Children behind the numbers - better data collection to monitor and advance child rights

09 April 2024
Kindergarten children lay on the floor drawing with backs facing camera
UNICEF/North Macedonia/Georgiev/2019

Skopje, 9 April 2024: The State Statistical Office and UNICEF launched the “Profile of Children in the Republic of North Macedonia” compiling for the first time all available data on children in the country in one publication.

At the panel discussion today, participants raised issues on the importance of national stakeholders to improve the ability to collect, interpret and produce disaggregated data on children and create evidence-based policies for children. 

“A data-driven policy can improve the functioning of policies and can influence budget decisions leading to cost-saving and optimum utilization of resources for every child,” said Patrizia DiGiovanni, UNICEF Representative.

“By coordinated work of all stakeholders together, we can use data to the benefit of children. Good child policies need good data. Developing policies aimed at promoting children’s well-being require a solid information base on the multiple domains of children's lives, including physical and mental health, socio-emotional outcomes, learning and educational outcomes,“ emphasized UNICEF Representative.

Marina Mijovska, advisor in the State Statistical Office said that in the future, the cooperation with UNICEF, as well as the knowledge of international practices in this field, can open a new direction in the development of statistics and make child related data available at one place.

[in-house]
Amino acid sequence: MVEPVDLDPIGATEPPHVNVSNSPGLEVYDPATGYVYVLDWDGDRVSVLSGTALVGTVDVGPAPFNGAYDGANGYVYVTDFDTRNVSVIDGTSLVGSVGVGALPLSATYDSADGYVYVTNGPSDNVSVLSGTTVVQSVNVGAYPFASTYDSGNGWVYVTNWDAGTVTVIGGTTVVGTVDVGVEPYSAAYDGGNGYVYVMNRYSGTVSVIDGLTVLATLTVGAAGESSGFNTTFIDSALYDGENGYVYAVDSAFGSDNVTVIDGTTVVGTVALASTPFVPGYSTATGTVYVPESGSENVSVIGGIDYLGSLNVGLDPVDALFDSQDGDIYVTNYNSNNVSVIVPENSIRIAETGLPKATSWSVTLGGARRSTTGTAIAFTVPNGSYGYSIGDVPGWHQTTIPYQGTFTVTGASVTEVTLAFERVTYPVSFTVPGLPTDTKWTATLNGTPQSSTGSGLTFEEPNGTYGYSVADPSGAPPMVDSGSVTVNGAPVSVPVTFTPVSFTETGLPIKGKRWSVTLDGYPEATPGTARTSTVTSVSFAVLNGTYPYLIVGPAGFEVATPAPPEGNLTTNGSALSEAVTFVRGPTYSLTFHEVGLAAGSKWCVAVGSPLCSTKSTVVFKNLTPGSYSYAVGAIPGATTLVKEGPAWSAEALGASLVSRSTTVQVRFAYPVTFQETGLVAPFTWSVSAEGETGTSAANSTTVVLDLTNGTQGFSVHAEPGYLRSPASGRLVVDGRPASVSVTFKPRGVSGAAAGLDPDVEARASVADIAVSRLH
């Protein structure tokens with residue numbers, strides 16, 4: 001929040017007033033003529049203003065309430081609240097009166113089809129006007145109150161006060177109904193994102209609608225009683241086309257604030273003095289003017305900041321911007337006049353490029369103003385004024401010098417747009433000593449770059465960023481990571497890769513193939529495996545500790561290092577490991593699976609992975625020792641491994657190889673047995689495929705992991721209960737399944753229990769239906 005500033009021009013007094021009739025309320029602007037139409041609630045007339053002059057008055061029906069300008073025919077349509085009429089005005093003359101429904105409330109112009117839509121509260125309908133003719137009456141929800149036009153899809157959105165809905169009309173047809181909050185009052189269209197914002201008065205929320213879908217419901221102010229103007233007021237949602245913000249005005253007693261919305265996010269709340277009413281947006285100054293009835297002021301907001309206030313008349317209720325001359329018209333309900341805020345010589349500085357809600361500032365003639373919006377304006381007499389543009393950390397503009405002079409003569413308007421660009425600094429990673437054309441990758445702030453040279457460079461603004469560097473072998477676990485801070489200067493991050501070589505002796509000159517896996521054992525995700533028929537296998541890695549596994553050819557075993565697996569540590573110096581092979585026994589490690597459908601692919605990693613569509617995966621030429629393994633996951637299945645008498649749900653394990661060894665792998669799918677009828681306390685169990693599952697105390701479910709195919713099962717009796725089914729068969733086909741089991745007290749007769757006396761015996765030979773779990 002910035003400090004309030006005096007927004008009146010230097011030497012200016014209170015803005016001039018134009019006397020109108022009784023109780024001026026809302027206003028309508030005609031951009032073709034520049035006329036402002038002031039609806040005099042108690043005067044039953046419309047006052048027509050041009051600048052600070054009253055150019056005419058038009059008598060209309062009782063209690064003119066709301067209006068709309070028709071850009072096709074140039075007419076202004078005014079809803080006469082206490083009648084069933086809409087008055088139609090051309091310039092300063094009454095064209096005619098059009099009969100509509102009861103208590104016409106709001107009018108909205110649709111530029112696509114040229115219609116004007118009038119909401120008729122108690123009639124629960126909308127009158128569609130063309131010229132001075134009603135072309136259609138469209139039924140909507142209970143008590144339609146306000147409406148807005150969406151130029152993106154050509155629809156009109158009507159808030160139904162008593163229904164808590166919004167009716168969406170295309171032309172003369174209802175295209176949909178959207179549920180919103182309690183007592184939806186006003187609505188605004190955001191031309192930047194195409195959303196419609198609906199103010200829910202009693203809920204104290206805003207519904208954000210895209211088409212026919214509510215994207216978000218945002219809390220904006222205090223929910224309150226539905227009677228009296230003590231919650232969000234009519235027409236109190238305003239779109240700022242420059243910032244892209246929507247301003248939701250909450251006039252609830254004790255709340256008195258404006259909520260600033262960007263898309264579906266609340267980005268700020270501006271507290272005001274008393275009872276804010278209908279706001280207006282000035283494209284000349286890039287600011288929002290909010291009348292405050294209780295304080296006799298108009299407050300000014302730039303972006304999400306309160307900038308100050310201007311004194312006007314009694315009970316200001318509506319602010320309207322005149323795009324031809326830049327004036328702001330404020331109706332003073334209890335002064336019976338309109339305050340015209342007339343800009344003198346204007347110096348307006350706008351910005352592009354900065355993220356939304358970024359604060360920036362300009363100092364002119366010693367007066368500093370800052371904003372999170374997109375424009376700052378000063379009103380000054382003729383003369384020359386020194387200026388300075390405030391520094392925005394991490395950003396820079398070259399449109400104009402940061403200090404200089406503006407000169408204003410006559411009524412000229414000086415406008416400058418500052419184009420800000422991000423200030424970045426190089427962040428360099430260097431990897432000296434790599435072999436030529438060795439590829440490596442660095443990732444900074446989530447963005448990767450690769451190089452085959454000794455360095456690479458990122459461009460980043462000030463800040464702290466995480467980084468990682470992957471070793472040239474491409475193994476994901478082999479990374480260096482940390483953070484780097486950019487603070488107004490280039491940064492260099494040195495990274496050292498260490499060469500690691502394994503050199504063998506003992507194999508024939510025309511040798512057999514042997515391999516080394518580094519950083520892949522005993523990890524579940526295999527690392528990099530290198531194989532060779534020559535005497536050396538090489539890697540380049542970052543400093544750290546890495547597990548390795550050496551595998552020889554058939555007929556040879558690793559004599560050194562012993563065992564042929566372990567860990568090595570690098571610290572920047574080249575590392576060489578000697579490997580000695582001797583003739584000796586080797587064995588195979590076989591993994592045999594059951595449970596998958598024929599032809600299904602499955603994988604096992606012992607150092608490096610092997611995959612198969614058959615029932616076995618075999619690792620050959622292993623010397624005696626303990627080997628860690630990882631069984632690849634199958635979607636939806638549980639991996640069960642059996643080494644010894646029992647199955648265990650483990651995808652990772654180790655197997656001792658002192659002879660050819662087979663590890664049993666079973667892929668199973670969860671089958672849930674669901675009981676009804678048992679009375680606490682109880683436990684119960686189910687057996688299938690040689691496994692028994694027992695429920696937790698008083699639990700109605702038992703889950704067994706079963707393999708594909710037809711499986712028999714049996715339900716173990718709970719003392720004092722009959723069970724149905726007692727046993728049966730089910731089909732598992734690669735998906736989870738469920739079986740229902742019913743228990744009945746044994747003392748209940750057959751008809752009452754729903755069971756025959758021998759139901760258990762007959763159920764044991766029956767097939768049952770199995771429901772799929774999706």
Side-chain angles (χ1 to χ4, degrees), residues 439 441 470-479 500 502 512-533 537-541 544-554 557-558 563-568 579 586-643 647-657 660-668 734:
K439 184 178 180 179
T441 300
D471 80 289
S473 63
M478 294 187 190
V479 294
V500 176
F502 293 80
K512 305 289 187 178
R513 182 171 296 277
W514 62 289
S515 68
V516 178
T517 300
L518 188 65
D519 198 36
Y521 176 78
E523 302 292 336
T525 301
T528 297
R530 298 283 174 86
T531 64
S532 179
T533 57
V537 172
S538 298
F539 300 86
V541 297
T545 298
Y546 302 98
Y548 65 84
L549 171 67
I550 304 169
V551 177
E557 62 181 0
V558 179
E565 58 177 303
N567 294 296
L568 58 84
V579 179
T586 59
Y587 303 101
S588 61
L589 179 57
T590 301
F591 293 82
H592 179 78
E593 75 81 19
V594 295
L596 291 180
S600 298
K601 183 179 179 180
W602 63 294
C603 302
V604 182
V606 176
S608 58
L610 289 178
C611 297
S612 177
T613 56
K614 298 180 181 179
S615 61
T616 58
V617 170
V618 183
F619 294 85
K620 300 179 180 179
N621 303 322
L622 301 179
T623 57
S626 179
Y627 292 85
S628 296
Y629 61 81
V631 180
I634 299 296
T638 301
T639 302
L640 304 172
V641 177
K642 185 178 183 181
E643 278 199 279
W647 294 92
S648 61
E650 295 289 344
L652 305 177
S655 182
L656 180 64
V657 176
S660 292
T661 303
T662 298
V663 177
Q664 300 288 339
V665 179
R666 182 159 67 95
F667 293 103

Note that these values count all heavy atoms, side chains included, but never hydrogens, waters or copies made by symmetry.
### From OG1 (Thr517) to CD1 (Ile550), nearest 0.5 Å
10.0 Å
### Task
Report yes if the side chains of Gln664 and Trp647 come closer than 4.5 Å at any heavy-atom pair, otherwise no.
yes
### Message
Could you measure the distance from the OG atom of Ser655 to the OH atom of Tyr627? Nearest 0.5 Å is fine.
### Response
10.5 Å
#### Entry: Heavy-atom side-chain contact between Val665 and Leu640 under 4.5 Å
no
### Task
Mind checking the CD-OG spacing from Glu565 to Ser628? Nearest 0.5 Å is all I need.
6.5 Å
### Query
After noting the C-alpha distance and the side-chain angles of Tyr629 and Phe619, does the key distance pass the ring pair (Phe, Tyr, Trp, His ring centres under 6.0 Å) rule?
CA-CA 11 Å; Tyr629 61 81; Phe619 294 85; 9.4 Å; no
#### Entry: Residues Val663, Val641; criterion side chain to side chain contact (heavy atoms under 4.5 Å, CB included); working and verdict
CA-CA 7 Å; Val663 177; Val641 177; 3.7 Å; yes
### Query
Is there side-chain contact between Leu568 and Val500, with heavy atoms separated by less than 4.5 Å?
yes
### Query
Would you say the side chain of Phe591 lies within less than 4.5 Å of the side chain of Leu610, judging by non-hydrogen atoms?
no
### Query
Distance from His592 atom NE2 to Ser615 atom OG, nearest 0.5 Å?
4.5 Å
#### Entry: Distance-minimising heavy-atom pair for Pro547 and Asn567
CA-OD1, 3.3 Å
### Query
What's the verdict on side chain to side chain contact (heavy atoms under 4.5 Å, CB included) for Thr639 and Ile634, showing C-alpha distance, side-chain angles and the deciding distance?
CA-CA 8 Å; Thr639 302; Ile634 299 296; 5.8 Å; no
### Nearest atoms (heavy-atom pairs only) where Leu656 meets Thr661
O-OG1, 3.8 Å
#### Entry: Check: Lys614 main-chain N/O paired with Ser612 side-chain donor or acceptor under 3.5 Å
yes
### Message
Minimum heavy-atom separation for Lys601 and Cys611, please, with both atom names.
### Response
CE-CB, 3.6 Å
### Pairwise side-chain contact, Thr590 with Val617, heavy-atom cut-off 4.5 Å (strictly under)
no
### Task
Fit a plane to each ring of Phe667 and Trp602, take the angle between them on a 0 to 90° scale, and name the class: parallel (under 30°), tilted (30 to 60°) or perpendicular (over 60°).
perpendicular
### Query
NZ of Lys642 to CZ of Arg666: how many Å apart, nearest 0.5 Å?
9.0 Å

While data on children are available in the country, they are scattered, located in different institutions, frequently not available publicly and in a raw form.

The publication “Profile of Children in the Republic of North Macedonia” brings together data on children from the 2021 Census and administrative data produced by state institutions on a range of areas, including children in alternative care; children receiving social assistance and services; child marriages and births among others.  The report provides a one-stop-shop of data on situation of children and insights into future trends to assist the government in developing evidence-based policies.

This initiative is one of many efforts designed to support the country in fulfilling its commitments under the Convention on the Rights of the Child. The latest Concluding Observations for North Macedonia released by the Convention on the Rights of the Child Committee emphasized the need for comprehensive, disaggregated and reliable inter-sectoral data collection mechanism. It also calls for intersectoral coordination in the process of formulation, monitoring and evaluation of policies and programmes for children. 

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